Bernie, Bernie, Bernie.
Of all the endless Wall Street things to be legitimately angry about – excess fees, leverage, conflicts of interest, risk-taking, bailouts (and everything else to dislike about finance) – this has to be the single worst hot take by any politician on either side of the aisle.
Because it shows a fundamental misunderstanding of what’s been going on in the world of investments, and how the indexing revolution has altered the basic premise of who wins and loses on Wall Street.
Unquestionably, the rise of BlackRock, Vanguard Group, and State Street is a good thing – for investors, people’s retirement accounts, and even for Labor (which one would imagine someone like Sanders supports). These three firms stand in stark contrast to the traditional Wall Street asset managers. Indeed, their rise has dramatically tilted the field in the favor of Main Street against Wall Street, from the big institutions that Senator Sanders despises toward the small investors who make up much of his core base and audience.
For most of the 20th century, investing was expensive and complicated. Wall Street’s biggest brokerage firms preyed upon peoples’ hot buttons: Greed & Fear. They were very good at getting people to chase markets at the top, and panic trade out at the bottom. “Churn ‘em & Burn ‘em” was the strategy to maximize revenue relative to assets under management by the non-fiduciary brokers. Their gains were quite literally their clients’ losses.
Think about how Wall Street’s active brokerage firms make money: Fund selection, stock picking, sector rotation, market timing, and active trading were just a start. There were also monies to be made in syndicate, IPOs, and secondaries — all of the transactional business which generates big commissions.
But the past 2 decades have seen a move away from traditional Wall Street brokerage, and towards Advisors who are fiduciaries; they charge a percentage of assets as a fee instead of commissions. Their interests are aligned with their clients’, and the better the clients’ portfolios do, the more the advisor will make; the worse they do, the less they make.
On a million-dollar portfolio, a fiduciary advisor (RIA) typically charges between 75 and 125 basis points – or $7500 – 12,500 per year. This usually comes with a suite of services including financial planning, tax assistance, insurance reviews, retirement (IRA/401k/403b) planning, estate planning, etc. On the same million dollars, the typical brokerage account used to gross 5 to 10 times that amount — $50,000 to $100,000 in commissions. And, they only provide order executions, and none of the above-mentioned services.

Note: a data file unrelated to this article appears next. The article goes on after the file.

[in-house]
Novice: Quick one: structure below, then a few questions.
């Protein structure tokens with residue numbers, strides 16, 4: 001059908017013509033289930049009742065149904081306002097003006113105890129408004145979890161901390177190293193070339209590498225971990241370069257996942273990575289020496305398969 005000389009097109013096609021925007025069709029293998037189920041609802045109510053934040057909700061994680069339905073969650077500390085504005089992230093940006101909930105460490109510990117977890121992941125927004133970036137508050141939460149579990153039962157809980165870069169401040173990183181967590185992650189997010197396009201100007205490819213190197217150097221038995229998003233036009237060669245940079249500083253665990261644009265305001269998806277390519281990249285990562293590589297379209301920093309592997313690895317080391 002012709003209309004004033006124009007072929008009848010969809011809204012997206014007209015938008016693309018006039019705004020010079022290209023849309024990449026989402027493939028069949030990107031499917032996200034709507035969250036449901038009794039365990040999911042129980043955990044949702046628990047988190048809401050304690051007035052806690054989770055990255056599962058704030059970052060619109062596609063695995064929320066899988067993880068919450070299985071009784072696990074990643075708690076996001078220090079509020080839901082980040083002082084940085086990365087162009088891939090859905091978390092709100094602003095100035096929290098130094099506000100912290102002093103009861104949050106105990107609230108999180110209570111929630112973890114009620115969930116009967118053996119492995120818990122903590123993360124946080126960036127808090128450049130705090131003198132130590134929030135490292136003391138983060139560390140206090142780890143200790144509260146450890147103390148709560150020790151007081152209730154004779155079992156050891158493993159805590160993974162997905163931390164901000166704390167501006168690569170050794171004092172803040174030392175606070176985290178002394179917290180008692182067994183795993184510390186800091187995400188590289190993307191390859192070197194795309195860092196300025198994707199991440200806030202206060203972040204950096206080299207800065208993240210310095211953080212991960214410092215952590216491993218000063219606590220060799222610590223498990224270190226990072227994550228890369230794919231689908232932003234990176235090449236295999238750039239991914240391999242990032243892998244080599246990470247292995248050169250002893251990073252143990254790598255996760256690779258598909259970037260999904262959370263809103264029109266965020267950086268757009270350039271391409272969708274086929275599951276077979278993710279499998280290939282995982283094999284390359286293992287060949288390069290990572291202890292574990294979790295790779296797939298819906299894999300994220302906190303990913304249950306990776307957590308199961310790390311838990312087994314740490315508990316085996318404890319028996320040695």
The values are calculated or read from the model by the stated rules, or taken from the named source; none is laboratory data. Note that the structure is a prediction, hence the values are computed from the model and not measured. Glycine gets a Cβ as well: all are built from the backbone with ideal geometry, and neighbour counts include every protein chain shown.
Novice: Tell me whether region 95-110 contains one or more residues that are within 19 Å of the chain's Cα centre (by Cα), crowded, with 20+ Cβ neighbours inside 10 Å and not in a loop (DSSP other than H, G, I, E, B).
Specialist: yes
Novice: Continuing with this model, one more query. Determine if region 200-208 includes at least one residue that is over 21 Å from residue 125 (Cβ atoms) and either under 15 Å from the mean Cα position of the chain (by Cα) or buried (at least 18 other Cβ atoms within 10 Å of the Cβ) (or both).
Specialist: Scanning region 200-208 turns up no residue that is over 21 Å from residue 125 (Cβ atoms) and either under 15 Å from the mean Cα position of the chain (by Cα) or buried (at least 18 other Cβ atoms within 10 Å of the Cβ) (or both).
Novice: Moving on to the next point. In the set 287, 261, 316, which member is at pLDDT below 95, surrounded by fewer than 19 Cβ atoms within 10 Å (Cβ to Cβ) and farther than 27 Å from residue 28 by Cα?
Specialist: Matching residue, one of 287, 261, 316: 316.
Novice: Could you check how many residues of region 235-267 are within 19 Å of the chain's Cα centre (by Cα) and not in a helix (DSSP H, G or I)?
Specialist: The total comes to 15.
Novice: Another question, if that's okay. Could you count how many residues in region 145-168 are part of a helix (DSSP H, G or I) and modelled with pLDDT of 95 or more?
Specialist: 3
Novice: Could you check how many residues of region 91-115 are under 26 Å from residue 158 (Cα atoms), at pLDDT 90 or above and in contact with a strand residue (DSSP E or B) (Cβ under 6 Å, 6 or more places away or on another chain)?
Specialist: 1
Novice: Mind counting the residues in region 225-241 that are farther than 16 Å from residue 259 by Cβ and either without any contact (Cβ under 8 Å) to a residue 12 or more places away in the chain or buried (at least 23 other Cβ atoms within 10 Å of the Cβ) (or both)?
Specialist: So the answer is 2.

What seems to be misunderstood by Senator Sanders is how these three giant asset managers took away a lot of this business from the old guard of expensive Wall Street. They did it moving to a very different business model of low-cost passive indexing. They refused to play the wild Alpha-chasing game, and started offering simple, inexpensive ETFs and Mutual funds.
The biggest clients of BlackRock, Vanguard, and State Street are RIAs — typically advisors who mostly use cheap indices to get exposure to broad asset classes for their clients. This is how the “Big 3” (as they are known) amassed nearly $25 trillion in assets: Passive indexing.
Consider the percentage of assets under management at each of the big firms managed via “buy the entire market” passive indexing:
Vanguard Group = 79%
Blackrock = 66%
State Street = 64%
Broadly speaking indexers own every stock (excepting the pink sheet or penny stocks). So of course these three “are major shareholders in more than 96 percent of S&P 500 companies.” This is by design. They are major shareholders in the entire market! They have bulked up not through nefarious means, but rather, by providing better long-term performance and at a lower price.
It is the opposite of obscene — it is a low-cost, tax-efficient, super productive way to invest for the future.
What the Senator needs to recognize is just how much money these 3 firms have saved small investors over the decades. My colleague Eric Balchunas called this “The Vanguard Effect” and noted in a Bloomberg column that as of 2016, Vanguard saved investors $175 billion in fees since it was founded in 1974. The competition by Vanguard – a mutual which is owned by its clients, and not publicly traded – forced its competitors to cut fees by at least that amount. It’s inevitable that within a few years, the total fee savings for investors by Vanguard, Blackrock, and State Street versus what Wall Street would have otherwise charged will be well over $1 trillion dollars.
Senator Sanders should realize this; after all, his disclosures show he too is a Vanguard investor. And recent academic research suggests that active management (including activist investors) results in far worse outcomes for workers and unions (1982-2015) than it seems passive investing does.
As in so many other things in life, it’s easy to make overly broad declarations, as opposed to more nuanced, intelligent criticism. We perform surgery with a scalpel, not an axe. I wish the good Senator from Vermont would realize this . . .
MiB: Robin Wigglesworth on the Rise of Indexing (November 13, 2021)
Index-Investing Critic Takes Aim, Fires, Misses (December 12, 2018)
Defending Vanguard’s Low Fees (June 2, 2017)
Shareholder Power and the Decline of Labor
by Antonio Falato, Board of Governors of the Federal Reserve System
Hyunseob Kim, Federal Reserve Bank of Chicago
Till Von Wachter, University of California, Los Angeles
SSRN, May 20, 2022
Today, in America, just three Wall Street firms – BlackRock, Vanguard and State Street – manage $22 trillion in assets. These three firms are major shareholders in more than 96 percent of S&P 500 companies. Obscene.
— Bernie Sanders (@SenSanders) July 11, 2022